With more colleges
in Karnataka barring girl students from wearing the hijab, protests against the
rule are cropping up across the state. On Saturday, nearly 40 students of Bhandarkars
Arts and Science College in Udupi district’s Kundapur staged a protest against
the rule with girls staying adamant about wearing the hijab, according to an
NDTV report. The students haven’t attended classes for two consecutive days.

The college does
not have a rule against the hijab. However, Narayan Shetty, principal of the
college said he is a government servant and has to follow the government’s instructions.
“I was told that some students will enter the college wearing saffron shawls,
and if harmony is disturbed in the name of religion, the principal will be held
responsible,” he said.

How it all

The hijab and the
right of girls to wear the headscarf to educational institutions has become a
political flashpoint in Karnataka since the incident at Government Girls PU
College in Udupi where a group of students entered the college wearing saffron
shawls in protest against Muslim girls wearing the hijab.

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The communal
nature of the incident sparked widespread concern. Karnataka Home Minister
Araga Jnanendra said children should “neither wear hijab nor saffron shawls in school.”

“Schools are the
place where children belonging to different religions should learn together and
imbibe a feeling that we are not different, we are all children of Bharat Mata,”
the home minister told reporters Friday.

Core concerns

While Muslim women
sporting a hijab is nothing new, the hijab has turned into assumed political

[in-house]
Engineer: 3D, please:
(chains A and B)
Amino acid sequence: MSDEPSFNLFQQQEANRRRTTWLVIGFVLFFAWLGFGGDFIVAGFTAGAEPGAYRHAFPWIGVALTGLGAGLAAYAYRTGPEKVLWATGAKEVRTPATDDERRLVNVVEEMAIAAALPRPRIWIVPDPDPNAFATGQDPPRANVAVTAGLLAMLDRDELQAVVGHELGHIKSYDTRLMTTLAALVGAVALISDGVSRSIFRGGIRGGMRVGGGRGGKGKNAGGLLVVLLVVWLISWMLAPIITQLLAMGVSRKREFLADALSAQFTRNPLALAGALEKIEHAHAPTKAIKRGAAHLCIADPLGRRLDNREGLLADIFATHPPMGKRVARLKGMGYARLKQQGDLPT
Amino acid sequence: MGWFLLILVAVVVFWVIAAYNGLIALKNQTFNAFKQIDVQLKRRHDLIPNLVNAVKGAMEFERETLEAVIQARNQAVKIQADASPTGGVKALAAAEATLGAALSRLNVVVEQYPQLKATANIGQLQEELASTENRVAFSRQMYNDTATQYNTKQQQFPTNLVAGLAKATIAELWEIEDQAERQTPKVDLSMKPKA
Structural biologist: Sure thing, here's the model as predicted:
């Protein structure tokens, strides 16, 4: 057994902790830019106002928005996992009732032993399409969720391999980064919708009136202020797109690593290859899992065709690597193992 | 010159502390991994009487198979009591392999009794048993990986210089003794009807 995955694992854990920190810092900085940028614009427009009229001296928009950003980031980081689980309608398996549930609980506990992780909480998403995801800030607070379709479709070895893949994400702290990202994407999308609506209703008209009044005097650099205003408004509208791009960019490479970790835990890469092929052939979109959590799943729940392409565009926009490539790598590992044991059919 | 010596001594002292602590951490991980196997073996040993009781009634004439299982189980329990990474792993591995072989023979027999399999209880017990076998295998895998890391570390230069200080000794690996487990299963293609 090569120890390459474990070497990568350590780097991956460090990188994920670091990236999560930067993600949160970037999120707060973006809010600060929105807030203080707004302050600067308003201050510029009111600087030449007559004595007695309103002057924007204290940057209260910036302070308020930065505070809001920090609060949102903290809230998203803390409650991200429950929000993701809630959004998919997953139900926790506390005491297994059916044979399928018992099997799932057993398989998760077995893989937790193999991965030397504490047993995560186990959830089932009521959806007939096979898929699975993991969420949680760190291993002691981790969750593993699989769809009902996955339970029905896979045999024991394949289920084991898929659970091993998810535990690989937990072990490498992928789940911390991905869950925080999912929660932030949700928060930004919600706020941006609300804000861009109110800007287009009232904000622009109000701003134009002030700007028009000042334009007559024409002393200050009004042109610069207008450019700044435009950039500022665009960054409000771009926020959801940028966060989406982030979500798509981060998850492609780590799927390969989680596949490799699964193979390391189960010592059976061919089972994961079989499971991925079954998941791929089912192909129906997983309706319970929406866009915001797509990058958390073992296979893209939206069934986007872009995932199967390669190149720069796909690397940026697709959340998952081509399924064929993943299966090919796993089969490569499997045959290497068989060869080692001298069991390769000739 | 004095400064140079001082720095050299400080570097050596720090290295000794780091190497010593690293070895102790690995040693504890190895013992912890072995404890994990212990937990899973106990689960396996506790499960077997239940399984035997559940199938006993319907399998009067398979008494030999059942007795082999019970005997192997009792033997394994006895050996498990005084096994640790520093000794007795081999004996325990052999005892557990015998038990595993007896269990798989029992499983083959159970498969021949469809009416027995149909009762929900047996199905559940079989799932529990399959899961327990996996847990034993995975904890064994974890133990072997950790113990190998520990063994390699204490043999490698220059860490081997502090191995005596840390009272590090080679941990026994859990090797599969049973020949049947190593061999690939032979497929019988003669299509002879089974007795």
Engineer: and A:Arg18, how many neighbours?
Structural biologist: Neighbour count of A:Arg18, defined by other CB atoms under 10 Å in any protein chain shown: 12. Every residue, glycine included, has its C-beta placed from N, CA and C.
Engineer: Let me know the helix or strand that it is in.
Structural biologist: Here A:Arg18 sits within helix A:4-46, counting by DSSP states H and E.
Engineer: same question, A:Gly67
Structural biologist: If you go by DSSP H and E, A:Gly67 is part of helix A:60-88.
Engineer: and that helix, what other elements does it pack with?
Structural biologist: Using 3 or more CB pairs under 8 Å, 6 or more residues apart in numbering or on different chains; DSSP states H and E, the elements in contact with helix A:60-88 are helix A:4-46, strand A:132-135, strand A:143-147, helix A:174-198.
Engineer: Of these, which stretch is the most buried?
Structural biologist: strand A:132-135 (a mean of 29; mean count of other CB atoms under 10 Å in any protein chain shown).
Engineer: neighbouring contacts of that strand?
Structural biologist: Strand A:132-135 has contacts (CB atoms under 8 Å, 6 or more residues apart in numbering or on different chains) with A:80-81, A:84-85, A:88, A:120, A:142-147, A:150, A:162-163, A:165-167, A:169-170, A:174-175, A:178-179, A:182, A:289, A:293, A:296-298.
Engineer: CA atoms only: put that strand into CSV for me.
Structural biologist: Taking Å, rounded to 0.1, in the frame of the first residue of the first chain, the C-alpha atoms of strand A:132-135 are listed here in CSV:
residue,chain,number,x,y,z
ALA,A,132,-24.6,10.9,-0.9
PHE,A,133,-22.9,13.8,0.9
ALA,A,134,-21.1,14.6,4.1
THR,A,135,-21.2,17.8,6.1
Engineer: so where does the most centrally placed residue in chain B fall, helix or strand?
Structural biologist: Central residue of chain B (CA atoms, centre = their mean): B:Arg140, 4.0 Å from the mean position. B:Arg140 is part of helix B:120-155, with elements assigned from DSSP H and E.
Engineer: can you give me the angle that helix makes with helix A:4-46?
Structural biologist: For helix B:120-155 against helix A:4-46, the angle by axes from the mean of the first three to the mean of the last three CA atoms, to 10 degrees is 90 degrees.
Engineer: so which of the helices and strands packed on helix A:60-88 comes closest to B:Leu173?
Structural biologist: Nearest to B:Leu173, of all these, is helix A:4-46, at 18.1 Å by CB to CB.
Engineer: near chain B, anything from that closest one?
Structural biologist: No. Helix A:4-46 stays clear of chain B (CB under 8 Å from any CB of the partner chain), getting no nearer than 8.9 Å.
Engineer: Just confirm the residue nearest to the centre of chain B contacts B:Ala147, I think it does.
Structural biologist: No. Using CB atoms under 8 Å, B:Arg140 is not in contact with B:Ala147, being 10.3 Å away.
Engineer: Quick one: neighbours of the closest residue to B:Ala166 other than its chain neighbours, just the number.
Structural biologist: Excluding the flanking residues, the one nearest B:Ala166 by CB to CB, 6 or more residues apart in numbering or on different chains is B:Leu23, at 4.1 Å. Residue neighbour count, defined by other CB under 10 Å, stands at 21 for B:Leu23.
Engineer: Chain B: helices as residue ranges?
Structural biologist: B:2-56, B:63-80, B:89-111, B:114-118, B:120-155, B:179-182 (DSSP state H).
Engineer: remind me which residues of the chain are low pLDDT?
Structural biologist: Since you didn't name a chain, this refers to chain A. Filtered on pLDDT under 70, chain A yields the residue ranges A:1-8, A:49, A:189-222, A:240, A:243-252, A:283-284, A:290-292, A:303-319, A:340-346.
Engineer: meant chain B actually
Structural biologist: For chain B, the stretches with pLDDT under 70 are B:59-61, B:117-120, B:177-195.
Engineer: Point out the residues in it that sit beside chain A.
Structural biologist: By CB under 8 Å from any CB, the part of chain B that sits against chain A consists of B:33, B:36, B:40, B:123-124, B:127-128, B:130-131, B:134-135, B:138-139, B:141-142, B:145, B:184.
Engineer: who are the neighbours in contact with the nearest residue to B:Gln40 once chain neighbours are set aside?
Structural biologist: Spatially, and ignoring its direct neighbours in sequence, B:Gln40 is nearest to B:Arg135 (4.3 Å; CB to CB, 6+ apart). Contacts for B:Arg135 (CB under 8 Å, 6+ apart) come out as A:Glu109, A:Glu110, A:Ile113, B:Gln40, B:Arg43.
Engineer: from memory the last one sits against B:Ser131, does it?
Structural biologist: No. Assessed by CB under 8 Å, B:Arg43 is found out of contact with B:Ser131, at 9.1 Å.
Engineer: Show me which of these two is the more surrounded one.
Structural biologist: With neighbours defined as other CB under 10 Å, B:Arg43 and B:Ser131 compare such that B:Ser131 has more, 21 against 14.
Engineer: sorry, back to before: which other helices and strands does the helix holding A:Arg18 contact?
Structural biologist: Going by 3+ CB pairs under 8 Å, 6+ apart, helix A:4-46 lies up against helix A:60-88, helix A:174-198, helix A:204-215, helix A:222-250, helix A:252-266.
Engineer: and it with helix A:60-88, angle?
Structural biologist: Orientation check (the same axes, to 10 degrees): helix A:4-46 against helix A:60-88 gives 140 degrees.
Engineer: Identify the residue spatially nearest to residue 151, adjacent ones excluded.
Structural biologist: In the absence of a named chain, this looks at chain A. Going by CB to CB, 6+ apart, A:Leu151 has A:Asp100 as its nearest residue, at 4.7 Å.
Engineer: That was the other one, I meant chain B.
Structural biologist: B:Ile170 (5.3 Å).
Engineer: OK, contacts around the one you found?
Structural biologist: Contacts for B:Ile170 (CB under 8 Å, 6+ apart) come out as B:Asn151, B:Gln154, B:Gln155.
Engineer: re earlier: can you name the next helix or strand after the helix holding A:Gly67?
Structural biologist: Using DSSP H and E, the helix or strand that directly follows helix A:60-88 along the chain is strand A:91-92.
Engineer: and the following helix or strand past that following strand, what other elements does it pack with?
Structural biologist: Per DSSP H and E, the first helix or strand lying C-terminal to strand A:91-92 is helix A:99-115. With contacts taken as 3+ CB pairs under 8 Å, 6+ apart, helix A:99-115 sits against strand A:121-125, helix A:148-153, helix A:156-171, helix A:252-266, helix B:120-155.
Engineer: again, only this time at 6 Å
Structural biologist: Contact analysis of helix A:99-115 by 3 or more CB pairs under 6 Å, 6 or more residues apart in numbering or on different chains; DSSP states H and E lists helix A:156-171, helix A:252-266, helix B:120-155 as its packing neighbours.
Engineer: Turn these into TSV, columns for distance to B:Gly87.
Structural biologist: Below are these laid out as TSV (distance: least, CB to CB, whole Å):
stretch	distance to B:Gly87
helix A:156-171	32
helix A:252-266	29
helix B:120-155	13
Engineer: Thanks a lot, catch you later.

overtones in several parts of the world, including in some European nations. While
the global debate on the hijab has centred on secular values and women’s agency
over their bodies, in India, it is the right-wing Hindu religious organisations
who have had most to say about Muslim women wearing the hijab.

The legality of
the hijab is, of course, not a settled question of law. However, the row, as it
stands, does not have a legal aspect either. The Indian Constitution has a
clear mandate guaranteeing the “freedom of conscience and the right to freely profess,
practise and propagate any religion.”

What people

Congress’s Rahul
Gandhi addressed the row on Saturday on Twitter where he wrote, “By letting students’ hijab come in the way of
their education, we are robbing the future of the daughters of India. Ma
Saraswati gives knowledge to all. She doesn’t differentiate.”

Siddaramaiah, the
Leader of the Opposition in the Karnataka Assembly, said, “Constitution has
given the right to practice any religion which means one can wear any clothes
according to their religion. Prohibiting ‘Hijab’ wearing students from entering
school is a violation of fundamental rights.”